We left off at verse 16 in Matthew 11. Jesus explains what we do when we are offended:
“16 ‘But to what shall I compare this generation? It is like children sitting in the marketplaces and calling to their playmates, 17 “We played the flute for you, and you did not dance; we sang a dirge, and you did not mourn.” 18 For John came neither eating nor drinking, and they say, “He has a demon.” 19 The Son of Man came eating and drinking, and they say, “Look at him! A glutton and a drunkard, a friend of tax collectors and sinners!” Yet wisdom is justified by her deeds.’”
Because John the Baptist and Jesus came in a way different than the people’s expectations, they acted like children: never satisfied. I have a child (who shall remain nameless) who sometimes is never satisfied. I can offer ponies and lollipops, yet in those moments of discontent, nothing is ever enough, nothing will ever satisfy. Usually, when in the thick of those dramatic episodes, the child has no idea what’s even lacking or what need should be filled.
John didn’t eat or drink and they labeled him a ‘demon’. Jesus came eating and drinking and they labeled him a ‘glutton and drunk’. Make up your mind, kids! They didn’t understand what they were looking for–so even when it was staring them in the face, they were dissatisfied and… whiney.
Ellicott’s commentary says it this way, “Like so many of our Lord’s other sayings, the parable stretches far and wide through the ages. The evil world rejects all who seek to overcome its evil, some on one pretext, some on another; but true seekers after wisdom will welcome holiness in whatever form it may appear, cheerful or ascetic, Protestant or Romish, Puritan or liberal, so long as it is real and true.”
The offensiveness of Jesus’ coming continues to press into us.
What if it’s the loss of a job? What if it’s a move to a city far away from family? What if it’s illness? What if it’s marriage troubles? What if it’s our sin laid out on the table for all to see?
These questions aren’t easy to answer, especially when in the thick of the wilderness or in the midst of uncomfortable clothing.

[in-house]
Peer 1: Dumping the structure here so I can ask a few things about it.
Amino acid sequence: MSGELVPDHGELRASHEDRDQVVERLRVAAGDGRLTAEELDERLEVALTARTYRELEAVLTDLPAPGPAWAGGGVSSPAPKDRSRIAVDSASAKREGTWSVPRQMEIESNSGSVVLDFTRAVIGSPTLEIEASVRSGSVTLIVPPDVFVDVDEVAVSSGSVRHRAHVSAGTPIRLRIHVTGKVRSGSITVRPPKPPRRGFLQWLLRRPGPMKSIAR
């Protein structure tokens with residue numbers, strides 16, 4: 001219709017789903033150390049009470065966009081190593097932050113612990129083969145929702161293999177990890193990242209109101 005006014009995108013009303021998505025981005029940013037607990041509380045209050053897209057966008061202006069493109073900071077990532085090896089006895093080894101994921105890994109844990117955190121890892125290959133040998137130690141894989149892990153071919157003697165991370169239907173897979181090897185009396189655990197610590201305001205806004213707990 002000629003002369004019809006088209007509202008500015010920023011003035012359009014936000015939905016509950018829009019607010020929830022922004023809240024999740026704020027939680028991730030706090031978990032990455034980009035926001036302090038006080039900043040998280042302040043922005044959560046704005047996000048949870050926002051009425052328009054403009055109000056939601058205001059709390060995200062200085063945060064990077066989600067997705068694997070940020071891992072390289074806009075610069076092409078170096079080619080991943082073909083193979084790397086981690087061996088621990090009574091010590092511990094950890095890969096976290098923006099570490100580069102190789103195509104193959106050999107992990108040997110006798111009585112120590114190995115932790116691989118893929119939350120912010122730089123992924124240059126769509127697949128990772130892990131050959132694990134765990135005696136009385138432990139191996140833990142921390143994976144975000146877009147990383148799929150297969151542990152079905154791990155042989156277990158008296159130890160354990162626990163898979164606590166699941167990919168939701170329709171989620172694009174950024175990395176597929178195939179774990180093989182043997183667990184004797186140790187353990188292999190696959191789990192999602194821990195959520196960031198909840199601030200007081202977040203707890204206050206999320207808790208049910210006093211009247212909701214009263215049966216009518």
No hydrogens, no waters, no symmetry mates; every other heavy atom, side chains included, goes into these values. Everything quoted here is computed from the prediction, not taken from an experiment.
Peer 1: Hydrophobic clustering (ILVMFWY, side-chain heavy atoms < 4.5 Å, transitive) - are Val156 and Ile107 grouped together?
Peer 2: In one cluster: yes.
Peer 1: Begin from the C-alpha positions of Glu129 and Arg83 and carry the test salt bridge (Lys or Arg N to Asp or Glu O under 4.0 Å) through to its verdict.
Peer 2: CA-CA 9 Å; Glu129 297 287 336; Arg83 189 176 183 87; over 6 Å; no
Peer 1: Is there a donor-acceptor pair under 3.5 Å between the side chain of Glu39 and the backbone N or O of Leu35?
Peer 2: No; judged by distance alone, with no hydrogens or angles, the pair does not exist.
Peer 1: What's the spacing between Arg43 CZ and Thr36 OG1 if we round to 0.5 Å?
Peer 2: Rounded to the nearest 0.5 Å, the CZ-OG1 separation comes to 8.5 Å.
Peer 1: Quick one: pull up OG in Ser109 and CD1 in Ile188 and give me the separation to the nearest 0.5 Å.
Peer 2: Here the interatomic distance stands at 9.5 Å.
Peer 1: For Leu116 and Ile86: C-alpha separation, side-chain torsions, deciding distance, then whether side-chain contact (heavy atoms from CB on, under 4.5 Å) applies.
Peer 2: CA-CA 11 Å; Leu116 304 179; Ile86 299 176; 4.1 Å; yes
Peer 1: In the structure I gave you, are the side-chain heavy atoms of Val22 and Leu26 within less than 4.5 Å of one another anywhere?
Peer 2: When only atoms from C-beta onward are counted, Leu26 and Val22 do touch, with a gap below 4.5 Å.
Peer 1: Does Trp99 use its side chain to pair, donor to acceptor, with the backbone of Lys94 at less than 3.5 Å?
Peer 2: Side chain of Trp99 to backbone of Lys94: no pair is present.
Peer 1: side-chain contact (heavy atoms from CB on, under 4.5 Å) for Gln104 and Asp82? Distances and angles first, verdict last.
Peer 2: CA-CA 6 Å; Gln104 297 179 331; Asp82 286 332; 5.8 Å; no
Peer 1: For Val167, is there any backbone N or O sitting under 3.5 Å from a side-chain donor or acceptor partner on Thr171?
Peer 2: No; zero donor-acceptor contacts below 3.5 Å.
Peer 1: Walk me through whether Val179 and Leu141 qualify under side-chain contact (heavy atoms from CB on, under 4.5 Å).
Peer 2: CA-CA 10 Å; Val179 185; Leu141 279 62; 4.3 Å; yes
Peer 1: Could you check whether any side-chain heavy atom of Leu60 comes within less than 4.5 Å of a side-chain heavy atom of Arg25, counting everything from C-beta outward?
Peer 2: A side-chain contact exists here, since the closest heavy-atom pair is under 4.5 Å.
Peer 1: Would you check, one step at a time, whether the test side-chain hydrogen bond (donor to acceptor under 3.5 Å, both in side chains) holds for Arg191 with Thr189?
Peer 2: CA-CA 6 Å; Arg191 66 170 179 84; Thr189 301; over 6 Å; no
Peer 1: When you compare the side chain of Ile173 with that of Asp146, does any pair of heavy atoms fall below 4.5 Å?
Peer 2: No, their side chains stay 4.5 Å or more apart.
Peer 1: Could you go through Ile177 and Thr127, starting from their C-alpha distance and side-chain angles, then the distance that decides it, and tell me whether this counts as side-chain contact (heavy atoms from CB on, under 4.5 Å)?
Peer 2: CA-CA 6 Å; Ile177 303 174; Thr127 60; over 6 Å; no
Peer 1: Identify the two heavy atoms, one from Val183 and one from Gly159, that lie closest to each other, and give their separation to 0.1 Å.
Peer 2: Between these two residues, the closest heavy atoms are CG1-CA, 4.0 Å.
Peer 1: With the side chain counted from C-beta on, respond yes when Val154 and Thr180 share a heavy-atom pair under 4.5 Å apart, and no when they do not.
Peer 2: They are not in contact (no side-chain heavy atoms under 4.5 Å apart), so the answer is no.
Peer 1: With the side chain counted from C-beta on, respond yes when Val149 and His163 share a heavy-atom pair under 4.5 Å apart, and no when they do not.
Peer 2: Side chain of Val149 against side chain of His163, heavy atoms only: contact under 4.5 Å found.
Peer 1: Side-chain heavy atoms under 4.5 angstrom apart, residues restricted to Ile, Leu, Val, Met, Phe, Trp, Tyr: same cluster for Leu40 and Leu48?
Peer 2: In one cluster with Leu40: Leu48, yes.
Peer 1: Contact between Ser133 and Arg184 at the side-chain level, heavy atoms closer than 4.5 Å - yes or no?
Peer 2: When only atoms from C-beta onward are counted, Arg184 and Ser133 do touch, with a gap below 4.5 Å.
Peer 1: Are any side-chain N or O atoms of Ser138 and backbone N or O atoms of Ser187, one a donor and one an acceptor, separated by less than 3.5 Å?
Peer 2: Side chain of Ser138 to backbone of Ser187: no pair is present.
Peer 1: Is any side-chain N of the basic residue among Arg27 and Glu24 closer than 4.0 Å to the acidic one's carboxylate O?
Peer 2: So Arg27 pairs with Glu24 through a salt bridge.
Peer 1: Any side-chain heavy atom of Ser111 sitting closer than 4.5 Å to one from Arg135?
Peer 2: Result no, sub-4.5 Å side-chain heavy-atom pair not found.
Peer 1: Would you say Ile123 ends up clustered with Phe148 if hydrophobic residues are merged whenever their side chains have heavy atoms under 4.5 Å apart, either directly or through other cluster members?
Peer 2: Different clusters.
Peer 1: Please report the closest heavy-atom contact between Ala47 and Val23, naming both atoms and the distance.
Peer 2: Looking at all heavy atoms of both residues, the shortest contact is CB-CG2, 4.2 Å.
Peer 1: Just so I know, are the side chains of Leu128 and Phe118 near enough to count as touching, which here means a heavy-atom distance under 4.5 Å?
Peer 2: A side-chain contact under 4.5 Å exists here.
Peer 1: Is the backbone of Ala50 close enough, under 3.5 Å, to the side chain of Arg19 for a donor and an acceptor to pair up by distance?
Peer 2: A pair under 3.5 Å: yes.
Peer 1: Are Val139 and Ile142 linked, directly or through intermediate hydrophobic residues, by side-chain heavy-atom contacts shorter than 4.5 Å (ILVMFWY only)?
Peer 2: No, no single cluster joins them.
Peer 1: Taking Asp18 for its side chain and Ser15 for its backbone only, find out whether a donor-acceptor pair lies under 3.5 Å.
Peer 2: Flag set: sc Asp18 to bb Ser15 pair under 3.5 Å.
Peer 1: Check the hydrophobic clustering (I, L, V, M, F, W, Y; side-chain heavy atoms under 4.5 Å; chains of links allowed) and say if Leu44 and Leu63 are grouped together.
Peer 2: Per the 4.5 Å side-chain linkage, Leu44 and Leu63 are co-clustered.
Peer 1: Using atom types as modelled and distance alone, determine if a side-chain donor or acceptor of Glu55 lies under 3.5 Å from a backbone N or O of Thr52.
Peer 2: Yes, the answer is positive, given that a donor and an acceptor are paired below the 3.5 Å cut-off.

Or, when we don’t even know what we need.
As advent begins, I think about the uncomfortable coming of Jesus. God sent Him in the most culturally offensive way at the time…through an unplanned pregnancy. Mary could have easily been discontent with her situation. The carol, “Mary Did You Know” makes me laugh. Really?
Let’s think about that question.
Umm, no. She didn’t know. She had no clue what she was happening to her. She found herself in an unplanned pregnancy, on the verge of divorce before her marriage even began, and confused. Her situation was likely offensive to her plans, to her family, to Joseph.
No, Mary didn’t know that the Messiah was coming with such offense. But in her unplanned circumstances, in her isolation, in her confusion…Jesus came–in the pit of her stomach, He came. The young girl had no idea what laid ahead for not only her body, but also for her heart.
The angel may have opened her eyes to see the baby growing in her belly, but Mary likely envisioned her son sitting on an princely throne, not pinned to the offensive cross covered in his own blood.
He comes this advent into our lives despite our preparation. He comes in a way that will likely cause us to whine, to complain, to be dissatisfied…perhaps offended. Do we even know what we are looking for this advent? Do we come with only an expectation for Him? Do we understand that He is the only thing that our souls are truly longing for?
How will we receive the news of His coming…that which will most likely come in a way that alters and bristles our plans and expectations?